How AI Will Help Marketers Harness Psychology To Drive Consumer Purchase Decisions


A marketer’s role is to inspire consumers to embrace a product or service, which involves shaping their decision-making process. Equally important is an understanding of psychology and the examination of cognitive preferences, better known as cognitive biases.

Cognitive biases are consistent patterns of deviation from logical reasoning. While we may aspire to make decisions based on objective analysis and unbiased judgment, the reality is that our choices are often influenced by unconscious biases.

These cognitive biases shape and impact consumer behavior, and whether marketers realize it or not, they are likely already leveraging the principles of cognitive bias psychology as a marketing tool. Now that forward-thinking marketers are experimenting with generative artificial intelligence (AI) tools and applications, such as machine learning, it’s a great time to explore how AI could be used to leverage cognitive bias psychology.

Members of our agency team have been experimenting with the use of AI and machine learning for professional applications and have found their capabilities remarkable. We’re excited about the possibilities as the future of advertising evolves before our eyes. While our current AI usage has primarily focused on programming and copywriting, we’re seeing more use cases, including data analysis, image enhancements and creative inspiration, all of which we’re excited to experiment with. Our trial usage of AI has also made us more acutely aware of the technology’s powerful potential when combined with existing marketing techniques, such as the use of cognitive biases.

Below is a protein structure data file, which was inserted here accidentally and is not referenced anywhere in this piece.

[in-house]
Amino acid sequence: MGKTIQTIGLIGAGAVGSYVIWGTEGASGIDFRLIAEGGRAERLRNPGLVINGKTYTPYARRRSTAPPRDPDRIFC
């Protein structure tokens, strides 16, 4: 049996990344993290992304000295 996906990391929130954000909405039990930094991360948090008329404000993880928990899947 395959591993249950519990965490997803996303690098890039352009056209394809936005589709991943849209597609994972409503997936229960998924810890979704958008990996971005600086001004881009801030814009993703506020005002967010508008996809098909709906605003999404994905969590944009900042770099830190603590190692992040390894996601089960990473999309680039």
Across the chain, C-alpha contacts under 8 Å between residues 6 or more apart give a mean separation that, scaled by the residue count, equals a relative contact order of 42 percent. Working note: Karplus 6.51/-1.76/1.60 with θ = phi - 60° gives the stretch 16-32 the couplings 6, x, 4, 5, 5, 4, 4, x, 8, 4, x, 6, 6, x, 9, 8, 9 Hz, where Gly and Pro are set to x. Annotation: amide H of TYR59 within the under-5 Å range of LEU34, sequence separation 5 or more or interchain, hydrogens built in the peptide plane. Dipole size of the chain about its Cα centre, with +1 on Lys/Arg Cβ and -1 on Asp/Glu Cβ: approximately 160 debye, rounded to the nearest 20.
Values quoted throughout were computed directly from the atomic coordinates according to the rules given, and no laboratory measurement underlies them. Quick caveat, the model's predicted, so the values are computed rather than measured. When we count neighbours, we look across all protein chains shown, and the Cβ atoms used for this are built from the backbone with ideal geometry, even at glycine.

Cognitive Bias And The Power Of Artificial Intelligence

The marriage of cognitive bias-based marketing techniques and AI has the potential to revolutionize marketing. The integration of AI can empower marketers and advertisersto further elevate the utilization of cognitive biases, creating new possibilities for driving impactful and targeted marketing campaigns. The synergy between cognitive bias and AI may have the power to unlock unprecedented levels of customer engagement in the ever-evolving landscape of marketing.